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Authors: Peter Ackroyd

Tags: #prose_contemporary, #Fiction, #General, #Mystery & Detective

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BOOK: Hawksmoor
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The two Creatures were placed onto a bundle of Carcasses, all ragged and swollen like a Nest of Wormes, and the Bell-Man and two Linkes took the Cart down Black-Eagle-Street, past Corbets Court and through Brownes Lane: I follow'd close on their Heels, and could hear them making merry with their Lord Have Mercy On Us, No Man Will and their Wo To Thee My Honeys; they were Drunken to the highest degree, and were like to have Pitched the Corses into the Doorways so wayward was their track. But then they came out into the Spittle- Fields and, as I was running besides them now in my Wonder or Delirium (I know not what), of a sudden I saw a vast Pitte almost at my very Feet; I stopp'd short, star'd withinne it, and then as I totter'd upon the Brink had a sudden Desire to cast myself down. But at this moment the Cart came to the edge of the Pitte, it was turned round with much Merriment, and the Bodies were discharg'd into the Darknesse. I cou'd not Weep then but I can Build now, and in that place of Memory will I fashion a Labyrinth where the Dead can once more give Voice.

All that Night I wandred in the open Fields, sometimes giving vent to my Passions in loud singing and sometimes sunk into the most frightful Reflections: for in what a Box was I? I was at a great loss what to do, since I had been turned adrift to the wide World. I had not aim'd to return to my own House and indeed it proved impossible to do so: I soon discover'd that it had been pull'd down with several others by it, so noxious was the Air withinne; thus I was forc'd to go Abroad, and take up my old Rambling Humour once more. But I was now more cautious than of old: it was said (and I recall my Parents saying) that before the Pestilence there were seen publickly Daemons in Humane shape, which struck those they met, and those struck were presently seiz'd with the Disease; even those who saw such Apparitions (call'd Hollow Men) grew much alter'd. This was the Common report, at any rate: I believe now those Hollow Men to be a Recreation of all the Exhalations and Vapours of humane Blood that rose from the City like a general Groan. And it is not to be Wonder'd at that the Streets were mighty Desolate; there were in every place Bodies on the ground, from which came such a Scent that I ran to catch the Wind in my Nostrils, and even those who liv'd were so many walking Corses breathing Death and looking upon one another fearfully. And still alive? or And not dead yet? were their constant Enquiries of one another, tho' there were some who walked in such a Stupor that they cared not where they were going, and others who made Monkey noises into the Air. There were Children, also, whose Plaints could move even the Dying to Pity and their Verse echoes still in the Recesses and Corners of the Town: Hush! Hush! Hush! Hush!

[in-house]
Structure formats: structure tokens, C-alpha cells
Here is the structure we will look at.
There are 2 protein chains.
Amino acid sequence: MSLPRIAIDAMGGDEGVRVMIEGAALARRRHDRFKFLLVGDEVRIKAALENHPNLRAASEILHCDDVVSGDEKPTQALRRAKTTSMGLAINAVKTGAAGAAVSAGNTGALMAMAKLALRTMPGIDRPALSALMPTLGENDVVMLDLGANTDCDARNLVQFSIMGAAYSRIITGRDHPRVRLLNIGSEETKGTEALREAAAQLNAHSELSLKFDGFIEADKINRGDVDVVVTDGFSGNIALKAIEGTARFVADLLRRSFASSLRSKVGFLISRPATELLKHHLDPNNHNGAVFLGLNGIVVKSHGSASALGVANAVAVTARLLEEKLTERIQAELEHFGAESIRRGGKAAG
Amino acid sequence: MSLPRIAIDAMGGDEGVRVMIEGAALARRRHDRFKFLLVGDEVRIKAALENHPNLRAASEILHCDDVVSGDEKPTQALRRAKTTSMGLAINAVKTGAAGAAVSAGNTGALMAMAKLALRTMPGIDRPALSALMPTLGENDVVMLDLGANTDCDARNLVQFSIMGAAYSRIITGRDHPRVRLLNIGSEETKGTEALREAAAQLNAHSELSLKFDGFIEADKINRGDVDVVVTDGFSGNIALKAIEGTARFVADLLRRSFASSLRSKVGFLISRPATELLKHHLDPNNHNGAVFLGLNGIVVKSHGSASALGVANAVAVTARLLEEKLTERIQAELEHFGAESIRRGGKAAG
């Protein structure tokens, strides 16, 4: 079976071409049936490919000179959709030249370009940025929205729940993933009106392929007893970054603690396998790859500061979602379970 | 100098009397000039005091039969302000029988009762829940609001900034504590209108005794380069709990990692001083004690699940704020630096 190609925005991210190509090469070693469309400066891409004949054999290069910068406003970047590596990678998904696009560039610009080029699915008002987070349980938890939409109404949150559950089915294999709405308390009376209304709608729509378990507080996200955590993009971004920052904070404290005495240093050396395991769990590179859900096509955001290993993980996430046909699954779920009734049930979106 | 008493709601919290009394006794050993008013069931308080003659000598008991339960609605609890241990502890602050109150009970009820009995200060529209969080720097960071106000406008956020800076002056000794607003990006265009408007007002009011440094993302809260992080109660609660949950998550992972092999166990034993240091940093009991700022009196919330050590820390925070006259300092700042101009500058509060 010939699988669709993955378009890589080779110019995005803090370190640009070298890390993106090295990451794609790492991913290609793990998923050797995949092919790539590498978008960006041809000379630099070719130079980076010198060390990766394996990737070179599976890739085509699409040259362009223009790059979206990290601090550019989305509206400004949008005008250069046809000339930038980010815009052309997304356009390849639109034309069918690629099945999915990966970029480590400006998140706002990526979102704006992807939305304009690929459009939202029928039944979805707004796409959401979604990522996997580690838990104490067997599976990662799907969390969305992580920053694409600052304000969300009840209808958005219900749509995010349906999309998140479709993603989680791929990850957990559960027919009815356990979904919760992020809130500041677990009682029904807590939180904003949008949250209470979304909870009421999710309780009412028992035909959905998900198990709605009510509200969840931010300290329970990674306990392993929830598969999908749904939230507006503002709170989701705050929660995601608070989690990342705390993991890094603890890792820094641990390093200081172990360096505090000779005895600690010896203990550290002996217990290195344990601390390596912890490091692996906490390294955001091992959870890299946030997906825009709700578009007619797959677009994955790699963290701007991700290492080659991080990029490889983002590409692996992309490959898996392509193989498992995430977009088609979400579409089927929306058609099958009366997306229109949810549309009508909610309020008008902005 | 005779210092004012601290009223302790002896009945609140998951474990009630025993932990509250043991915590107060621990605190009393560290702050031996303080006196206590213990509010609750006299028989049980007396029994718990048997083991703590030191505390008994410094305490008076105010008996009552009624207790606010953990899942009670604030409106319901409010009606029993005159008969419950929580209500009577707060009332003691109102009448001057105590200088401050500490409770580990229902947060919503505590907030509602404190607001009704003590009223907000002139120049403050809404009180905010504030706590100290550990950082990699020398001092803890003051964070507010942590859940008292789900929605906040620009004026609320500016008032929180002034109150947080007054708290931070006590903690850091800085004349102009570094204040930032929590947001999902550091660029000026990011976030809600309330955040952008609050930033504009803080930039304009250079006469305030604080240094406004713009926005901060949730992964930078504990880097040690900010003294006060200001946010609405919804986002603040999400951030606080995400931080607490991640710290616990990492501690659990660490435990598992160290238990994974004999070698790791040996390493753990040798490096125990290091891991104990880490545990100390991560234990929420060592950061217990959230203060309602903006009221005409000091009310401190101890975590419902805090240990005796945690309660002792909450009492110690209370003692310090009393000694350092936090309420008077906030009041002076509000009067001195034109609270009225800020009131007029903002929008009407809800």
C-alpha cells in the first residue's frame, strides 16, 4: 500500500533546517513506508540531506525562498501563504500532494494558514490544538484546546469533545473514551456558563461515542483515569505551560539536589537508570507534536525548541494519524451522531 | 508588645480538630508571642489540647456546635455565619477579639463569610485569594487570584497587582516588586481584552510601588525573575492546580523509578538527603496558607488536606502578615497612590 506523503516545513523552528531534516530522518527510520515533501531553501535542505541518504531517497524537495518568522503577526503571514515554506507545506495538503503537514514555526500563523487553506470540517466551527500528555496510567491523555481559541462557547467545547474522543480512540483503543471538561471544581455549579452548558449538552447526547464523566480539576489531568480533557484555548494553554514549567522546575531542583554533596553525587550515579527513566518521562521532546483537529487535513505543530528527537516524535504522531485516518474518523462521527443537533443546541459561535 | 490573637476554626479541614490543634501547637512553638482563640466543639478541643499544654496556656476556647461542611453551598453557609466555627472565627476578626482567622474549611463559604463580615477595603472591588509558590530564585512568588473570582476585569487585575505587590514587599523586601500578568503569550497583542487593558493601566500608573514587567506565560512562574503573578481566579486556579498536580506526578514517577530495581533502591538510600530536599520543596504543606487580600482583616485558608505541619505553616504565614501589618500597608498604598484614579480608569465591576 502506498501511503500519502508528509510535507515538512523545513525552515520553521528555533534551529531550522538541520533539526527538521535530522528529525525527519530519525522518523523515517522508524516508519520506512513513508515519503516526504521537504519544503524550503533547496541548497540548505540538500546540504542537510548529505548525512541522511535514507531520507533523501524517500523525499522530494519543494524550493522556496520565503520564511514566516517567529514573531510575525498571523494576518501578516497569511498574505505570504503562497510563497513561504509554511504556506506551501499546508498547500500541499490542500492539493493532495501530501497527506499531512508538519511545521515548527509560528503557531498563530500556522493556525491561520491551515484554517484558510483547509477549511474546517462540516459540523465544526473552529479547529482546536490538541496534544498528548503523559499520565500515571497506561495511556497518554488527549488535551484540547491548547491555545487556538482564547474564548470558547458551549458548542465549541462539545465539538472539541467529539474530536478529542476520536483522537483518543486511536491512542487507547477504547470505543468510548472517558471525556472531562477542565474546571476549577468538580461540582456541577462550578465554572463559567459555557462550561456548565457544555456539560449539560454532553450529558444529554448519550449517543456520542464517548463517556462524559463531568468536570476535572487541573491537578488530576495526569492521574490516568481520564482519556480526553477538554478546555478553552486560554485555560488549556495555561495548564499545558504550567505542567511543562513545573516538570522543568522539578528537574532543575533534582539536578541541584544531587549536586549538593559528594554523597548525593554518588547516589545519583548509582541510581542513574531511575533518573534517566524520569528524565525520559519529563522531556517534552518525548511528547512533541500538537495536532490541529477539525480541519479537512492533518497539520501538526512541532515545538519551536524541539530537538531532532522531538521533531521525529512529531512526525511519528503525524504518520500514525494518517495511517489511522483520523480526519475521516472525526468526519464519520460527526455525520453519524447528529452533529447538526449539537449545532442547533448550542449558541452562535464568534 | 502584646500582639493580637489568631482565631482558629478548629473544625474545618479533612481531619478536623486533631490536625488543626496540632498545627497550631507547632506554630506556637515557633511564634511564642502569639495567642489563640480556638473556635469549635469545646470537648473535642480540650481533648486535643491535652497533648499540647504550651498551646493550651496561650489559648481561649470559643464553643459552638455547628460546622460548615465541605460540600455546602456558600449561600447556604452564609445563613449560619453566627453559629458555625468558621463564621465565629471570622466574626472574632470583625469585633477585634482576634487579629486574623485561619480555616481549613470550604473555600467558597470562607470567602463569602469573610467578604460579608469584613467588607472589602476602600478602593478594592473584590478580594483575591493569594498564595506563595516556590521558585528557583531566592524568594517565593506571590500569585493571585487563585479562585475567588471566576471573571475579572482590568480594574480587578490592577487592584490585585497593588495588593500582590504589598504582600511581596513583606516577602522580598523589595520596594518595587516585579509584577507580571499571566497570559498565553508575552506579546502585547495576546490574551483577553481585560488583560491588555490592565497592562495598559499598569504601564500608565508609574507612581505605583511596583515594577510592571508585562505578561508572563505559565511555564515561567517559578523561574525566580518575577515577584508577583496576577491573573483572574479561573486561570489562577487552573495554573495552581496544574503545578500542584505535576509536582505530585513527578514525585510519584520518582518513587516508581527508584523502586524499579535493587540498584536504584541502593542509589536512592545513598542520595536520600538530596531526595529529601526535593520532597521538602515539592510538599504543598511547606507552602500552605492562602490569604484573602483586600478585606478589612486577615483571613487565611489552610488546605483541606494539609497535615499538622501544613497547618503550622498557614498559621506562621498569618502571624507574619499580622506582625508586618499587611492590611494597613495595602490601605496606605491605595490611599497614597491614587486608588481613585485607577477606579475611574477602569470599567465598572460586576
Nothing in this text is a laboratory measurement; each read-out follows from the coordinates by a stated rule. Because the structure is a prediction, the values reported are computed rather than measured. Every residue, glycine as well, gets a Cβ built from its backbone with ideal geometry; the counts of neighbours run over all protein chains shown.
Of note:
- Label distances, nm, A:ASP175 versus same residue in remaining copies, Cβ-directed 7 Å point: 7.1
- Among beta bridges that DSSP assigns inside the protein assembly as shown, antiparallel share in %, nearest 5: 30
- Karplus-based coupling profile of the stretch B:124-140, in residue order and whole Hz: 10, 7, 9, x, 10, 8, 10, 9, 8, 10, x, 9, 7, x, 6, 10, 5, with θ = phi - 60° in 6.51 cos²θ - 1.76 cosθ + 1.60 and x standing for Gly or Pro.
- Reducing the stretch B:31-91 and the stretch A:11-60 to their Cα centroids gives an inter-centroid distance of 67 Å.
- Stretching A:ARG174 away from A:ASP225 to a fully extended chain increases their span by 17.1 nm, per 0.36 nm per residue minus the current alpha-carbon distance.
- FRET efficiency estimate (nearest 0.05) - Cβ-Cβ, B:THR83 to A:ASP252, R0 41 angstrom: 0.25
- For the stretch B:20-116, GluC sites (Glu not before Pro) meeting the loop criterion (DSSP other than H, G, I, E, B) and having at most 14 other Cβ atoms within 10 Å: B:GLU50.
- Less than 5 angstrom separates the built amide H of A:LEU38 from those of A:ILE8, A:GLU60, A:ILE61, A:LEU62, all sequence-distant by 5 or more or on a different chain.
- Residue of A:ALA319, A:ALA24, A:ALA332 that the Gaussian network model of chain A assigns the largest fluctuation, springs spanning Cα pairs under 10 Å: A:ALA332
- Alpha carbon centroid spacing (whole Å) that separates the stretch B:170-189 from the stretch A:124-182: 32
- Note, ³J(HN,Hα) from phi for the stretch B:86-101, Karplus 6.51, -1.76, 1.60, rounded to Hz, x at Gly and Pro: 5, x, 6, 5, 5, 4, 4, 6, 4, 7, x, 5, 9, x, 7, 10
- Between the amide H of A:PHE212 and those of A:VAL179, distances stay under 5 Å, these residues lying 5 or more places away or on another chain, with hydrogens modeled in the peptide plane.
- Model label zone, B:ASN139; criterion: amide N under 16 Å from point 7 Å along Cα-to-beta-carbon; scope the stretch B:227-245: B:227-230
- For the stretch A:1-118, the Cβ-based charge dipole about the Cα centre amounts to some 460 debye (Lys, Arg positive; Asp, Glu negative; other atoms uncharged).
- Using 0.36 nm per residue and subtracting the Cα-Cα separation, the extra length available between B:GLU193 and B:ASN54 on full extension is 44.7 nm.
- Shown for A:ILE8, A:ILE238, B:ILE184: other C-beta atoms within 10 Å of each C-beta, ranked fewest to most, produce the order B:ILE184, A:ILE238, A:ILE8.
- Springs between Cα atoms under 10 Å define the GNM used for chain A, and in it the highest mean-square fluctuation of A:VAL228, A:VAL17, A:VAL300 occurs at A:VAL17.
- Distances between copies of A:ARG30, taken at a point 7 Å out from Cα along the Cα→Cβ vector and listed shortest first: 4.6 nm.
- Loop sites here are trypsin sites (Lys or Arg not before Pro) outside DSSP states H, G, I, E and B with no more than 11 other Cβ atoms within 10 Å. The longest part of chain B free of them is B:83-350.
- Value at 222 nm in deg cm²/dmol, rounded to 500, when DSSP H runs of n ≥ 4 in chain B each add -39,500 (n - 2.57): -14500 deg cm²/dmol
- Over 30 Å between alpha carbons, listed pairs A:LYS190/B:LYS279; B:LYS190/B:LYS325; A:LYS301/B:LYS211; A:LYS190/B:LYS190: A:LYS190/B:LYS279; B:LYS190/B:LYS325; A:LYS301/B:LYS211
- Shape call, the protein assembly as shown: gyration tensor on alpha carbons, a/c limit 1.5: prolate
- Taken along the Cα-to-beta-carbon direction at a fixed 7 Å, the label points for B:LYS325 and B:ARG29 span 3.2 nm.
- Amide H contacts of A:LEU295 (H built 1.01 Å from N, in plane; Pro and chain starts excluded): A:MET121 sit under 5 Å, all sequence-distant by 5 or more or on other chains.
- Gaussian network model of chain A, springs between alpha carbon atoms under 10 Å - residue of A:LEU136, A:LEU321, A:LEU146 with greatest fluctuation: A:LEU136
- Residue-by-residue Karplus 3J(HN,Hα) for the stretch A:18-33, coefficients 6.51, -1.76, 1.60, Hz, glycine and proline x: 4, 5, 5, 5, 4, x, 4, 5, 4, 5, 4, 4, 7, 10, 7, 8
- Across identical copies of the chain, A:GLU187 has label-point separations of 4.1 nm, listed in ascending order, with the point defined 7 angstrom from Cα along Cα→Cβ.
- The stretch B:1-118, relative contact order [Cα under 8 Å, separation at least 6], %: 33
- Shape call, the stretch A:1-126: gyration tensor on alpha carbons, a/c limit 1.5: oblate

We are all tumbled down.

Thus was I taught by many Signes that Humane life was of no certain course: we are governed by One who like a Boy wags his Finger in the inmost part of the Spider's web and breaks it down without a Thought.